Research in Higher Education

, Volume 50, Issue 7, pp 623–648 | Cite as

Capital Conversion and Accumulation: A Social Portrait of Legacies at an Elite University

  • Nathan D. MartinEmail author
  • Kenneth I. Spenner


Legacies, or students with a family member who graduated from the same college or university, have been the source of much debate. We add to the existing literature by providing a detailed empirical portrait of legacies at a private, selective university across the college years. We examine how legacies are distinctive in their admissions profiles, within-college achievement and post-graduation plans, using data from a panel study of students attending Duke University. We find that legacies enter college with an abundance of economic, cultural and social capital, but also have lower levels of human capital compared to other students with college graduate parents. Due to this human capital deficit, legacies have lower grades in the first college year, but show little academic underperformance in subsequent semesters. Additionally, legacies are less likely to plan to be a medical doctor or engineer and have somewhat lower degree aspirations than other students.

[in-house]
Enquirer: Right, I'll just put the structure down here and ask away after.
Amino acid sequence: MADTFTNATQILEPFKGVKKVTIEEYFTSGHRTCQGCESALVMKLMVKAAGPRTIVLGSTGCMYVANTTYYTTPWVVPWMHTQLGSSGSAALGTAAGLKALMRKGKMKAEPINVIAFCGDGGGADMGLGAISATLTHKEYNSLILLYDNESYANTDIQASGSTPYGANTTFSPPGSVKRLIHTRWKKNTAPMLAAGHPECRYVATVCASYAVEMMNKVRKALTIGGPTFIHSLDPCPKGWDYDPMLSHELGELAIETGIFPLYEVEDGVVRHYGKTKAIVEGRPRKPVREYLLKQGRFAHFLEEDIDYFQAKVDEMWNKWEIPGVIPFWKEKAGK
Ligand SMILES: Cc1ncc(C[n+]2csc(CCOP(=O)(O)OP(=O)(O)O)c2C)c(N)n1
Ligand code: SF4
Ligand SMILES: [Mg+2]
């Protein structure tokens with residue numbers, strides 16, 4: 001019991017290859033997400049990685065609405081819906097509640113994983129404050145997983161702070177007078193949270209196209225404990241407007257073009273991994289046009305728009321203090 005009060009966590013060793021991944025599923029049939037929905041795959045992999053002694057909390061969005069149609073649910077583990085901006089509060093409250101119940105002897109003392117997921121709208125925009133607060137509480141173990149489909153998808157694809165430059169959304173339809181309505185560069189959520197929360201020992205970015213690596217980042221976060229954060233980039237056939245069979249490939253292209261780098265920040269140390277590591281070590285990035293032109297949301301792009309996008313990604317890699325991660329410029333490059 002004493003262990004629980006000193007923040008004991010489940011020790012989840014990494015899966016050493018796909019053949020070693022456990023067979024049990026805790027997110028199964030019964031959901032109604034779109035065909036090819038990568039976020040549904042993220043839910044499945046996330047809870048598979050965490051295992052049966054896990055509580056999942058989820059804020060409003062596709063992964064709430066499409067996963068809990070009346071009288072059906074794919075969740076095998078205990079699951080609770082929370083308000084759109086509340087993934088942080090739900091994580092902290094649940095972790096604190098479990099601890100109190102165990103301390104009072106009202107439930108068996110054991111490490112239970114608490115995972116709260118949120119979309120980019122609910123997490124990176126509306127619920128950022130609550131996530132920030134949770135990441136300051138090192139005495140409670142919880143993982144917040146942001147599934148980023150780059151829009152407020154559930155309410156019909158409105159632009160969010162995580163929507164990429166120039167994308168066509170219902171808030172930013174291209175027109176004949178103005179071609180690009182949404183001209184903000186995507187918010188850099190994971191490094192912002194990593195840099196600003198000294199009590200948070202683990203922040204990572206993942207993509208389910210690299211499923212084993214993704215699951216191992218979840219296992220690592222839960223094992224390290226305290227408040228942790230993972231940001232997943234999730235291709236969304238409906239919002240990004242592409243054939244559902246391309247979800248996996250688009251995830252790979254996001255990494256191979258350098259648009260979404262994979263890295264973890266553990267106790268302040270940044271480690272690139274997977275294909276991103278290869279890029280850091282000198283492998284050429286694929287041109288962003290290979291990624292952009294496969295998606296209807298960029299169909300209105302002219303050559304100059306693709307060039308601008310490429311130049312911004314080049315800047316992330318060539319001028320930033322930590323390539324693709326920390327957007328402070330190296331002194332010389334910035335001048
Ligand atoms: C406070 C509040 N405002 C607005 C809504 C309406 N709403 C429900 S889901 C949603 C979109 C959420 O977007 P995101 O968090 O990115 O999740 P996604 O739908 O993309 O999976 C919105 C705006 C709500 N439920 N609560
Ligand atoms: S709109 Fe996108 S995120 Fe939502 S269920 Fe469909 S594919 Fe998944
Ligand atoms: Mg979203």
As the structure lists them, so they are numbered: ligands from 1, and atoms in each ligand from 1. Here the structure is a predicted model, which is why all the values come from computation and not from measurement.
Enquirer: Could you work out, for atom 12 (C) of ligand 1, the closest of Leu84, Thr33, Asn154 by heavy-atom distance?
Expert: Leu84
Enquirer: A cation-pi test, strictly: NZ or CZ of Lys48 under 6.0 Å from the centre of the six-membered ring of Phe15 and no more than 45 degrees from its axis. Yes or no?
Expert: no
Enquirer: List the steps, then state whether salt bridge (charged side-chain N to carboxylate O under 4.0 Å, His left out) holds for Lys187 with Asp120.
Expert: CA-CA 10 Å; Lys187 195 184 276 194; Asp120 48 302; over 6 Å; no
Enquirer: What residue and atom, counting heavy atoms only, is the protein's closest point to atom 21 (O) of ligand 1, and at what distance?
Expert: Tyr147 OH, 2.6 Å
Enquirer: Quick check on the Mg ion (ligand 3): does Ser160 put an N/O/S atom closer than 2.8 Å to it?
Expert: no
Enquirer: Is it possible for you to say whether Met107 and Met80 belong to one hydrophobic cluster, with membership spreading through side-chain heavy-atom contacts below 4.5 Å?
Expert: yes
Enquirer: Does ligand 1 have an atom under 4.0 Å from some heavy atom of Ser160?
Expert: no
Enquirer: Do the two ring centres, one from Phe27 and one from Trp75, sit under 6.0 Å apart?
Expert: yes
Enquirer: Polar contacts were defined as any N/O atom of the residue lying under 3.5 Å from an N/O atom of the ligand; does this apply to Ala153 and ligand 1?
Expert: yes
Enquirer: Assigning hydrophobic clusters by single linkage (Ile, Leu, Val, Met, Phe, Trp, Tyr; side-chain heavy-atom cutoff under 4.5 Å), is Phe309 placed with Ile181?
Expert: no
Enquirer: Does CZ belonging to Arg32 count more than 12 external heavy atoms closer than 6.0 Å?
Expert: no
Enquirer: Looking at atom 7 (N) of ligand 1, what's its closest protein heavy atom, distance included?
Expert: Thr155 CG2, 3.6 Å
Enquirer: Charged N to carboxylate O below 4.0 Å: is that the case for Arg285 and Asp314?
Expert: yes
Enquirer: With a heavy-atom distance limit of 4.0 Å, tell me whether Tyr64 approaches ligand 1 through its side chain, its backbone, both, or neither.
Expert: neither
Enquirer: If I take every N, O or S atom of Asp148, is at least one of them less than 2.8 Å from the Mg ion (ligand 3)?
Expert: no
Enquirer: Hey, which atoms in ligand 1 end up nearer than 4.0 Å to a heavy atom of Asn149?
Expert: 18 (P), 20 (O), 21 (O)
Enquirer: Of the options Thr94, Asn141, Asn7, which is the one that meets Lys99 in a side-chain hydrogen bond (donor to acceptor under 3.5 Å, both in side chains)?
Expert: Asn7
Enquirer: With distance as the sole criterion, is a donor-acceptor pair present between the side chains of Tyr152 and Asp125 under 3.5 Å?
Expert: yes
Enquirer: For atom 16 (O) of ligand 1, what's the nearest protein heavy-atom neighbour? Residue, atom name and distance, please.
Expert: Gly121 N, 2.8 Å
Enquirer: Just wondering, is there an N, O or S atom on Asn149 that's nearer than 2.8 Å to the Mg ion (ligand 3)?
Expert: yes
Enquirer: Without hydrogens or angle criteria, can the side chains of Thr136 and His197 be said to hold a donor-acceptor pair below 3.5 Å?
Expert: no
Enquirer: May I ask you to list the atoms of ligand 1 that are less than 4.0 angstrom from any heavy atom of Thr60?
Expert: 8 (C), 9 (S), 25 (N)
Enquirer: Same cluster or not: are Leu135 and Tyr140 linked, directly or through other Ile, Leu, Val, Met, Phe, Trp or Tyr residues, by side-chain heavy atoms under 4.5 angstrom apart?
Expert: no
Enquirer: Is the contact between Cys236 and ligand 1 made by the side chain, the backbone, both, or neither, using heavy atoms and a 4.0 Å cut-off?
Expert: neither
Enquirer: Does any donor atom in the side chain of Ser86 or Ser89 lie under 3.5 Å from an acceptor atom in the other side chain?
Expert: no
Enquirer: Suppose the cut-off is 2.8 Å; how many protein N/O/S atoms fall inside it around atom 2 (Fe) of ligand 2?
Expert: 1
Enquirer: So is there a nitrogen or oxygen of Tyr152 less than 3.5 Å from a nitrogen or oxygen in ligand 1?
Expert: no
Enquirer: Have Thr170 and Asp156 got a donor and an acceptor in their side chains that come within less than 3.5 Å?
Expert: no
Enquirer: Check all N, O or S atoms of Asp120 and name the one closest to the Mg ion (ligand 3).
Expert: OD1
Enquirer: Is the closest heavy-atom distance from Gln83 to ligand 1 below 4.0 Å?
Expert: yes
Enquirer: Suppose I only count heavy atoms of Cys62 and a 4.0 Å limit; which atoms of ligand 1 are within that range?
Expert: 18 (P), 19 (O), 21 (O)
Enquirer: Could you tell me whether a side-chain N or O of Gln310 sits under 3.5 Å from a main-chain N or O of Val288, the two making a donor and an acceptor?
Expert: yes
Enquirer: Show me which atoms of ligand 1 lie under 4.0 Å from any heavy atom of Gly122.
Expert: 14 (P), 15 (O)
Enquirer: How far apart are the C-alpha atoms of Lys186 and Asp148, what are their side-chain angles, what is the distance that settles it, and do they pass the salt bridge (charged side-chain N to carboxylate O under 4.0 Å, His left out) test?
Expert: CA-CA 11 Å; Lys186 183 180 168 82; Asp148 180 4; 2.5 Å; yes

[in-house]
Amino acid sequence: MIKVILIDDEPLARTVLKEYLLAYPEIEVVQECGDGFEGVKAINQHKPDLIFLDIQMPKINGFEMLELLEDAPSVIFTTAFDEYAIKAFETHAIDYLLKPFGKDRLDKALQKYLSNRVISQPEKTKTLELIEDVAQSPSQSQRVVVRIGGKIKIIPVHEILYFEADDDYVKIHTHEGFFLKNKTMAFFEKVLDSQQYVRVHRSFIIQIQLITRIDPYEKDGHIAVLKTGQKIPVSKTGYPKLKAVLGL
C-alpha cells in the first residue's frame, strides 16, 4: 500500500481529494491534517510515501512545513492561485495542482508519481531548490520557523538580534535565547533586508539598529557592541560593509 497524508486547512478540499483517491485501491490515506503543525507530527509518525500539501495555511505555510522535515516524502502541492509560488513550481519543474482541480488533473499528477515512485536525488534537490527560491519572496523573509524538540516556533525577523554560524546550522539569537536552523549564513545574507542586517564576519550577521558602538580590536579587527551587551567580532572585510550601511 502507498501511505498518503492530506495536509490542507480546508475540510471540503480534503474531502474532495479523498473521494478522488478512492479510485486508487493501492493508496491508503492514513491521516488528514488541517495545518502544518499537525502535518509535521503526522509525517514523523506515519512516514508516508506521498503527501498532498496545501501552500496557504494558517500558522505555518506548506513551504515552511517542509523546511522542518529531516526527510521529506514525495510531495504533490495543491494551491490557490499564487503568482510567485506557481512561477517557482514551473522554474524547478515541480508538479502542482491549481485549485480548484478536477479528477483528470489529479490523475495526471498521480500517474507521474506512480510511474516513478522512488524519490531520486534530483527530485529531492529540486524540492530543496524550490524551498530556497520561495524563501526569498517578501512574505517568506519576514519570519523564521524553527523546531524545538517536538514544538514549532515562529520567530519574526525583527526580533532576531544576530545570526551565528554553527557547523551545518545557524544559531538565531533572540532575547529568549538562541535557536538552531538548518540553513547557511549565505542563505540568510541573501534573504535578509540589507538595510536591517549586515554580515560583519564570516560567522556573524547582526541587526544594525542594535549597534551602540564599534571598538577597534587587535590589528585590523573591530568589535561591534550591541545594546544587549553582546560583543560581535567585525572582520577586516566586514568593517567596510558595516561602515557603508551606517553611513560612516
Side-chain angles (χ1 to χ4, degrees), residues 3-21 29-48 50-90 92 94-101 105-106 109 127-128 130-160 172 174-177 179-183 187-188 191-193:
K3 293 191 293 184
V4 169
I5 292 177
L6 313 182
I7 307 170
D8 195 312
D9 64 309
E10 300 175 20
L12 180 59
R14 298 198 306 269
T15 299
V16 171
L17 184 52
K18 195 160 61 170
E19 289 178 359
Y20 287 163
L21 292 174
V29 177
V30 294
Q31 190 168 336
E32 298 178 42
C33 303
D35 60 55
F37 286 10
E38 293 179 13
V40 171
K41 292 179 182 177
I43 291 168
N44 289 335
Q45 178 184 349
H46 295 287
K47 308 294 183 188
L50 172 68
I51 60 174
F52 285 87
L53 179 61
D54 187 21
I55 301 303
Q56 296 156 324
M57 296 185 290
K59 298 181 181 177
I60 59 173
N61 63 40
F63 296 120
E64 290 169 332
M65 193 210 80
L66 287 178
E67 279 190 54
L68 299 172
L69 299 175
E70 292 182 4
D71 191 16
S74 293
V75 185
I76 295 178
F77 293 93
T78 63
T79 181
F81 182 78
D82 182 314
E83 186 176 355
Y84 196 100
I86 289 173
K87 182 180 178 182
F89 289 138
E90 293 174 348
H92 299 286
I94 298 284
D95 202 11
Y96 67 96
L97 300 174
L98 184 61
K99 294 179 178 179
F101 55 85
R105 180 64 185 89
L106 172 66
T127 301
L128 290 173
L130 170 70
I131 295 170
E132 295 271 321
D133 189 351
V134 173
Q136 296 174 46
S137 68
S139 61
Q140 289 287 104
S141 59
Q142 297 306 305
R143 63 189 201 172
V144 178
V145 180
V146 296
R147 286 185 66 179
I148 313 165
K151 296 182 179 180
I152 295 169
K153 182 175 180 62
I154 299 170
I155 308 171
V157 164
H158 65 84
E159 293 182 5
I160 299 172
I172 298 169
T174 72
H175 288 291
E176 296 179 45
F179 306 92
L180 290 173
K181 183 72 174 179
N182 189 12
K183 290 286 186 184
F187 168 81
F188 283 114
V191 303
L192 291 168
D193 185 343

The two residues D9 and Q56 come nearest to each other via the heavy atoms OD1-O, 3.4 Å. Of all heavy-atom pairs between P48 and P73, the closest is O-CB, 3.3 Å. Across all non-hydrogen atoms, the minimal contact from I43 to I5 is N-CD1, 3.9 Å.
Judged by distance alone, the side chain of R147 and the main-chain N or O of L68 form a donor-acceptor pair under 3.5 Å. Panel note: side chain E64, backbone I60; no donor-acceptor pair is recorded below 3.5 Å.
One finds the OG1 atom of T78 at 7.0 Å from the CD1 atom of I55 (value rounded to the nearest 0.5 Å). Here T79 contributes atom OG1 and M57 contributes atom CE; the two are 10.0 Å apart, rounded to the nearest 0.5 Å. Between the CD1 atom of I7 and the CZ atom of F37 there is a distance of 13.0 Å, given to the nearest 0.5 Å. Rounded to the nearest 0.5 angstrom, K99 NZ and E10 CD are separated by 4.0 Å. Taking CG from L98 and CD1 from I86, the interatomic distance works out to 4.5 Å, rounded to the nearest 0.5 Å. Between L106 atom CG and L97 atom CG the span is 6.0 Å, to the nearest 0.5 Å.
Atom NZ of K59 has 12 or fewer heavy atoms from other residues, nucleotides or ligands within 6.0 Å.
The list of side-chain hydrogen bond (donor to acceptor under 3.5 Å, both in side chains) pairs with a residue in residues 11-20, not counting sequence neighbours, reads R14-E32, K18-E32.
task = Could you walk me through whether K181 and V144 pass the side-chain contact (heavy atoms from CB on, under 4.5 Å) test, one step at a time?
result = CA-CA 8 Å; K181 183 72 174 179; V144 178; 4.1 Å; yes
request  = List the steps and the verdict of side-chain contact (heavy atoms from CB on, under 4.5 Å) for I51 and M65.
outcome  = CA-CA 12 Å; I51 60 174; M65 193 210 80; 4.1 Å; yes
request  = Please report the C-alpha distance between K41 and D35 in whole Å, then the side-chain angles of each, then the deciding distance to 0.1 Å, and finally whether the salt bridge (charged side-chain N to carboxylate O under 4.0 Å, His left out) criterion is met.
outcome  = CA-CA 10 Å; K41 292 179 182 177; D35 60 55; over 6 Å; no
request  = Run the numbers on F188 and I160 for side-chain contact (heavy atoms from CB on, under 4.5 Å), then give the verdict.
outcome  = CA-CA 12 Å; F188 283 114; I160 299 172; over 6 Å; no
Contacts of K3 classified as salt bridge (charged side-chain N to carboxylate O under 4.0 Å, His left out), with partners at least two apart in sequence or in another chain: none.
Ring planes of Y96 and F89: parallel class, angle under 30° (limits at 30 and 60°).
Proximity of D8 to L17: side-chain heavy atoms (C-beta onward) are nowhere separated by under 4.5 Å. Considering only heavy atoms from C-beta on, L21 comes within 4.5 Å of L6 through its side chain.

Academic achievement College admissions Cultural capital Human capital Postsecondary education 



The authors gratefully acknowledge grants supporting this research from the Andrew W. Mellon Foundation and Duke University. The authors bear sole responsibility for the contents of this article. An earlier version was presented at the 2008 American Sociological Association Annual Meetings. We would like to thank Sarah Mustillo for assistance with the data, and the Editor and anonymous reviewers for helpful comments.


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Copyright information

© Springer Science+Business Media, LLC 2009

Authors and Affiliations

  1. 1.Department of SociologyDuke UniversityDurhamUSA

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